As to “alternate gods,” almost all of them fail to correspond individually to the requirements of arguments proffered. Even if they all applied corporately, Ockham’s Razor shaves the complex explanation in favor of the simple, if all else is equal. At worst, Zeus and the like are an alternative to Christian particularism, and not a parody as the FSM is intended to be.

  5. An excerpt from your post:


    Finally, once again Craig comes to the rescue when he mentions, “For any being composed of material stuff will exhibit precisely that specified complexity that we are trying to explain….That immediately rules out the Flying Spaghetti Monster as a final explanation."2


    This may be true (in the spirit of full disclosure, I think 'God did ___' is, as an explanatory feature, an explanatory train wreck) if the FSM were not composed of divine material stuff such that it embodies supreme simplicity (whatever 'simplicity' here amounts to).

    If you push me and inquire into the nature of this 'divine FSM material stuff', I will say it consists of the same stuff non-physical, incorporeal persons are made of...

  6. Hi Aaron. That indeed is just a track people take. But then it remains the case they're either simply ascribing gratuitous properties to God, or, by renaming all of them, just describing God with their own proffered name (replete with anthropomorphisms, like in Christianity where the Bible speaks of God's "wings").

  7. Hi Randy,

    Now here is the rub: I see no reason at all to draw an identity relationship between 'divine FSM material stuff' and the so-called non-physical 'stuff' 'God' is composed of. Of course, you can *can* assert that they are identical, but such would be a bare assertion.

  8. Hi Aaron. Hope all is well! I would just say that based on the comment beforehand, we know that the type is surely identical (else I don't know what it means to exprss). As far as the FSM just being identical to God, its features that differ from God tdo so on a gratuitous and derivative basis. So, typically, when one presses this point, the FSM-proponent will typically say "oh no, you've misunderstood: the FSM is timeless, spaceless, good, omnipotent, omniscient." But then, because of the indiscernability of identicals, it just is God, albeit with a bizarre name. ;)

  9. Randy,

    The grad school offers (and rejections) are beginning to come in, which makes for a tense period.

    Regarding the issue. "(else I don't know what it means to express)." It sentence "divine FSM material stuff" intends to express divine FSM material stuff.

    Re: 'indiscernability of identicals'

    The FSM is patently *not* identical to your deity because, presumably, your deity is not composed of 'divine FSM material stuff', and the FSM is not composed of non-physical personal stuff (whatever that amounts to) as you presume your deity is.

    In other words, to say 'because of the indiscernability of identicals... ' you must first presume that 'divine FSM material stuff' is identical to 'non-physical personal stuff'. Other than merely wanting to assert an identity relationship, I see no reason to assert that there is an identity relationship.

  10. Hi Aaron. Wow I guess it would be a tense period. I hope you are able to choose a school that will best fit your needs/desires! :)

    I think I understand what you're saying, but it seems gratuitous, and thus the FSM as an objection doesn't seem to work (that is, it loses whatever motivation it was supposed to have for stating it as an alternative to God). If the FSM is nothing like God, then it doesn't apply. If it is identical to God, then it doesn't apply. If it is like God, but not identical, then it is gratuitous, and does not apply!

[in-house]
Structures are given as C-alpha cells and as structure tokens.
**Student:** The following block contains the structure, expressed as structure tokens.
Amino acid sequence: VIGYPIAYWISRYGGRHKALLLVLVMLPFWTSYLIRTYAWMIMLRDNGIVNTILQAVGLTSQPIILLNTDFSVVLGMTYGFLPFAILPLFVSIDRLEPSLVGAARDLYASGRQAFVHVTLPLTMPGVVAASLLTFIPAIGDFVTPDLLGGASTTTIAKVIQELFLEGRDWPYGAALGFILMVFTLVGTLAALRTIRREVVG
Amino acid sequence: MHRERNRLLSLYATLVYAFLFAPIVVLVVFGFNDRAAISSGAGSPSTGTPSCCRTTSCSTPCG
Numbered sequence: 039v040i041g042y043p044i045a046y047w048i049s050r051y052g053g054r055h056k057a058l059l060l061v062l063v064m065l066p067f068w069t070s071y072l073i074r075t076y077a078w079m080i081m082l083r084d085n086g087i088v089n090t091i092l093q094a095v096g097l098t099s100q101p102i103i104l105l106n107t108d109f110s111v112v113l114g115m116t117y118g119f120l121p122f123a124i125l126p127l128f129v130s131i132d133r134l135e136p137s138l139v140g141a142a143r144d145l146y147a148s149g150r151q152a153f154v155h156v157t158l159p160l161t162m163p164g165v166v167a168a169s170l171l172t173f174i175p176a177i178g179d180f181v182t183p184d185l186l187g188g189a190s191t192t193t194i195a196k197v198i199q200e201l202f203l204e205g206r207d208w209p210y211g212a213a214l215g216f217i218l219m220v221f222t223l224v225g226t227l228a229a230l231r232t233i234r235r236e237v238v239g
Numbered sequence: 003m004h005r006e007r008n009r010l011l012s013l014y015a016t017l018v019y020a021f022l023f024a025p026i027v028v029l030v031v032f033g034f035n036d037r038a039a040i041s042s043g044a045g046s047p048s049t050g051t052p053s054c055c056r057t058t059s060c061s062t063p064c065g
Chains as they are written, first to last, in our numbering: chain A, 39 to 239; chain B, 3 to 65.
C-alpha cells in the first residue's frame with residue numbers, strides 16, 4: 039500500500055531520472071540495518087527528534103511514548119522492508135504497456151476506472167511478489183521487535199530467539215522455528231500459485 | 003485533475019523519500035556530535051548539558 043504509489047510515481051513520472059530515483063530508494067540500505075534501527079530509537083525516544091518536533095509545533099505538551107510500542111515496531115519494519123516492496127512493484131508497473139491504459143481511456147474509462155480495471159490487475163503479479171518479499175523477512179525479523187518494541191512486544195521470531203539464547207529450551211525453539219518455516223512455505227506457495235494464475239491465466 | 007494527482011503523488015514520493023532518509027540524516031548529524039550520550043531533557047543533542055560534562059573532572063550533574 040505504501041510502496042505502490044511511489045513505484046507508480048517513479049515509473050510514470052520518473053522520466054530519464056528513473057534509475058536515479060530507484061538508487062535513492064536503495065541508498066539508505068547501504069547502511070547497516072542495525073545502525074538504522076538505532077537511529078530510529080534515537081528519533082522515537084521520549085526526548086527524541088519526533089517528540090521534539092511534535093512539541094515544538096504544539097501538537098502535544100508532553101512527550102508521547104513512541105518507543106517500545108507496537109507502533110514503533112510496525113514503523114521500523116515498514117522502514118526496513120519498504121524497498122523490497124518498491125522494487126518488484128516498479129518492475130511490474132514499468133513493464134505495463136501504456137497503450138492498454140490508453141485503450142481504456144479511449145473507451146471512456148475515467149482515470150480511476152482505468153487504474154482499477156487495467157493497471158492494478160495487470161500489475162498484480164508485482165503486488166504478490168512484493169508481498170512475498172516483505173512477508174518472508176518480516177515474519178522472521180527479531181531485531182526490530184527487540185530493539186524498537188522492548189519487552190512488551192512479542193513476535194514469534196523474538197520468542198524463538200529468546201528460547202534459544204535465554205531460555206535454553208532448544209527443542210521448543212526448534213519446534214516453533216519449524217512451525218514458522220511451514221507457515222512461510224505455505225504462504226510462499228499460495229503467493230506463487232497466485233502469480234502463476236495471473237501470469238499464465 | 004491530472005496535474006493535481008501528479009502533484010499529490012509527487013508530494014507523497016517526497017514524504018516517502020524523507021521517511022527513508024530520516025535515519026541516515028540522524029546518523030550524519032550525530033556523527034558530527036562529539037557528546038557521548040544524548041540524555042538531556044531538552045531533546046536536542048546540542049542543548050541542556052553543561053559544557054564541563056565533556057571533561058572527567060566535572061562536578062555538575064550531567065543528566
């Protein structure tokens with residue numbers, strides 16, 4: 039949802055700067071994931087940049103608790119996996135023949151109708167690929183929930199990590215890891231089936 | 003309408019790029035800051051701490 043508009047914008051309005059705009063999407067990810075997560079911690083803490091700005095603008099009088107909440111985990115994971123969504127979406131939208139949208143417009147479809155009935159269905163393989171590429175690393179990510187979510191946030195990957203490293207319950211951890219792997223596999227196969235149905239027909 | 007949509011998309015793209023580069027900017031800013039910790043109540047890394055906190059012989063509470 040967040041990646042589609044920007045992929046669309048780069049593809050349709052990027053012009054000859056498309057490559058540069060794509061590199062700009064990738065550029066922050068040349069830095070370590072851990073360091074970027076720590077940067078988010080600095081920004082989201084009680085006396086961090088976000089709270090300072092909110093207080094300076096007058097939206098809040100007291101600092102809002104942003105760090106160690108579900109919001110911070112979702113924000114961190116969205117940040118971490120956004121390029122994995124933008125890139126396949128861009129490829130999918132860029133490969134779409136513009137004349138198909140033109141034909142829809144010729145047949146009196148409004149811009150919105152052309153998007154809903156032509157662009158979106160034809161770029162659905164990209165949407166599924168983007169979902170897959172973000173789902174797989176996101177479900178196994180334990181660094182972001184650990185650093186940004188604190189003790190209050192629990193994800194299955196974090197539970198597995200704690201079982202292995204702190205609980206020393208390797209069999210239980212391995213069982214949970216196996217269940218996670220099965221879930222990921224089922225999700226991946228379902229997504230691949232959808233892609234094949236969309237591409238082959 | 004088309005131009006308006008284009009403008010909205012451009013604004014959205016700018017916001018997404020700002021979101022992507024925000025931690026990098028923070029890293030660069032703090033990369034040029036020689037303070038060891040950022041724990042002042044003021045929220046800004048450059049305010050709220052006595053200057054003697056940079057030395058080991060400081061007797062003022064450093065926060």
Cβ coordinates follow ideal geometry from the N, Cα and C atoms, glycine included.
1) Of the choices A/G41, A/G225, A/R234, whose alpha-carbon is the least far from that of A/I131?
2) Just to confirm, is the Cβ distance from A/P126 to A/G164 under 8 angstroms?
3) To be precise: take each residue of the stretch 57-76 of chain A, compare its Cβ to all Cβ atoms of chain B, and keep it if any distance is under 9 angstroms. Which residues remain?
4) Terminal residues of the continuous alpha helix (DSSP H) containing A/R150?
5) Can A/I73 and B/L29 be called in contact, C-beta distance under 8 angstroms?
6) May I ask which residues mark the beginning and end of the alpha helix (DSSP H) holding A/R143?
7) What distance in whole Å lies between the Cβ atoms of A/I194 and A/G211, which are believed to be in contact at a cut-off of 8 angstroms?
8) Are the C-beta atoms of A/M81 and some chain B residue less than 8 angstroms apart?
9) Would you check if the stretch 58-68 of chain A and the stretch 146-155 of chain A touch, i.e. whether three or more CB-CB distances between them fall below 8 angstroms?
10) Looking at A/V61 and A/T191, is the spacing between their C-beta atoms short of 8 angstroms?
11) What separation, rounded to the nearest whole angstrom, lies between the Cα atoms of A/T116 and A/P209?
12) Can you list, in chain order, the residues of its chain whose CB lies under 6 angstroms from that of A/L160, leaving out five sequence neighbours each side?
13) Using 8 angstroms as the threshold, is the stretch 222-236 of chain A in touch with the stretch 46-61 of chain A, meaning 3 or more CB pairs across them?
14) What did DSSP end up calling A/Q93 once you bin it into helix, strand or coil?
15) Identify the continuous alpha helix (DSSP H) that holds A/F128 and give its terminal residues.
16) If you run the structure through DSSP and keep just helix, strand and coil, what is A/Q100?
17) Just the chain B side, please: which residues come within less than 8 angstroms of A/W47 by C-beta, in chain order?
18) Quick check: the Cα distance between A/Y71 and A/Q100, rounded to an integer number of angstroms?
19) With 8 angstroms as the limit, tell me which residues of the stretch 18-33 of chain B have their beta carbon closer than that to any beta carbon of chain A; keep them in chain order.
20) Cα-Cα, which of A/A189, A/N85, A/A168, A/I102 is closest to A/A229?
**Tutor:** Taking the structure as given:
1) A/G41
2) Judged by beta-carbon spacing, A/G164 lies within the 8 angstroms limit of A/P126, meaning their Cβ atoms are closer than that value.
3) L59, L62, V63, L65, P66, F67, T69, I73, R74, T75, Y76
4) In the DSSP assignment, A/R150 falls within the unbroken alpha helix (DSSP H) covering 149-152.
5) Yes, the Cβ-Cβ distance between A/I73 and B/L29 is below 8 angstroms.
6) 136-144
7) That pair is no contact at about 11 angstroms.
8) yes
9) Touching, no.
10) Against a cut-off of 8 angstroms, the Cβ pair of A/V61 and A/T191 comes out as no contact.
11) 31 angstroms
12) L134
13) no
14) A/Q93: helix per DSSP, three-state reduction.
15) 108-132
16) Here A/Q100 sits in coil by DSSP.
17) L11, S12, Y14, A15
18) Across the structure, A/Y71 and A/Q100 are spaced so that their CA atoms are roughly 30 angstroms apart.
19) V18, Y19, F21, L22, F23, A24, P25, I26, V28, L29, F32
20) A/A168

I prefer Law's evil god, myself. :)

  11. Randy,

    I have yet to receive responses from most of the schools I applied to, but things are beginning to look like I will have the opportunity to choose between schools.

    Perhaps confusion entered in when I wrote: "If you push me and inquire into the nature of this 'divine FSM material stuff', I will say it consists of the same stuff non-physical, incorporeal persons are made of..."

    First, I did not mean to assert that 'divine FSM material stuff' is the same stuff as 'non-physical person stuff'. Rather, I meant to assert that both are equally vacuous utterances, flatus vocis if you will.

    Second, even *if* the stuff your deity is made of and the FSM is made of are the same, it does not follow that the two are identical. E.g., your deity could be omnibenevolent and the FSM could be morally indifferent.

    That said, I do not find the FSM gratuitous. I find such postulated alternative deities entertaining and elucidating. Entertaining for the obvious reasons and elucidating because any argument one can run to support belief in traditional deities can be run in order to support belief in the FSM. Which should highlight, in comic relief, how probative the arguments for traditional deities are.

  12. I don't think just any arguments can support an FSM. For instance, the moral argument, kalam cosmological argument, and modal ontological argument all preclude FSM. The moral argument gives us a morally perfect being (which under the most recent conception won't work), the KCA requires a non-physical entity (there is no non-physical spaghetti; it's just not what spaghetti is!), and the ontological argument postulates the MGB, which if the FSM is, it just identifies God. :)

  13. Randy,

    I can fashion the KCA to accommodate 'divine FSM material stuff'- mind you, we are not talking about normal spaghetti.

    The moral argument (so-called) is simply horrible (much worse than than modal arguments, which are themselves pretty bad off). Even so, I can utter such sentences as 'The FSM is the super-duper moral law giver' and they seem to me to be just as coherent as 'The Abrahamic 'god' is the super-duper moral law giver'.

    And ontological arguments can also be fashioned to accommodate the FSM. At the very least, we can identify the FSM as being coequal in all its 'metaphysical perfections' (whatever such utterances mean) to your deity. (We can borrow a page from Zoroastrianism here.)

  14. Hi Aaron, as to the KCA--then this is just a gratuitous assumption! As to the moral argument, it's just renaming God inasmuch as we take him to be in the sense of the moral argument. And finally, the ontological argument gives us a maximally-great being, which being, in theory, would be the same as God--and more to the point, entirely gratuitous!

  15. No, Aaron, you can't logically do that. I call appeal to ridicule on your argument.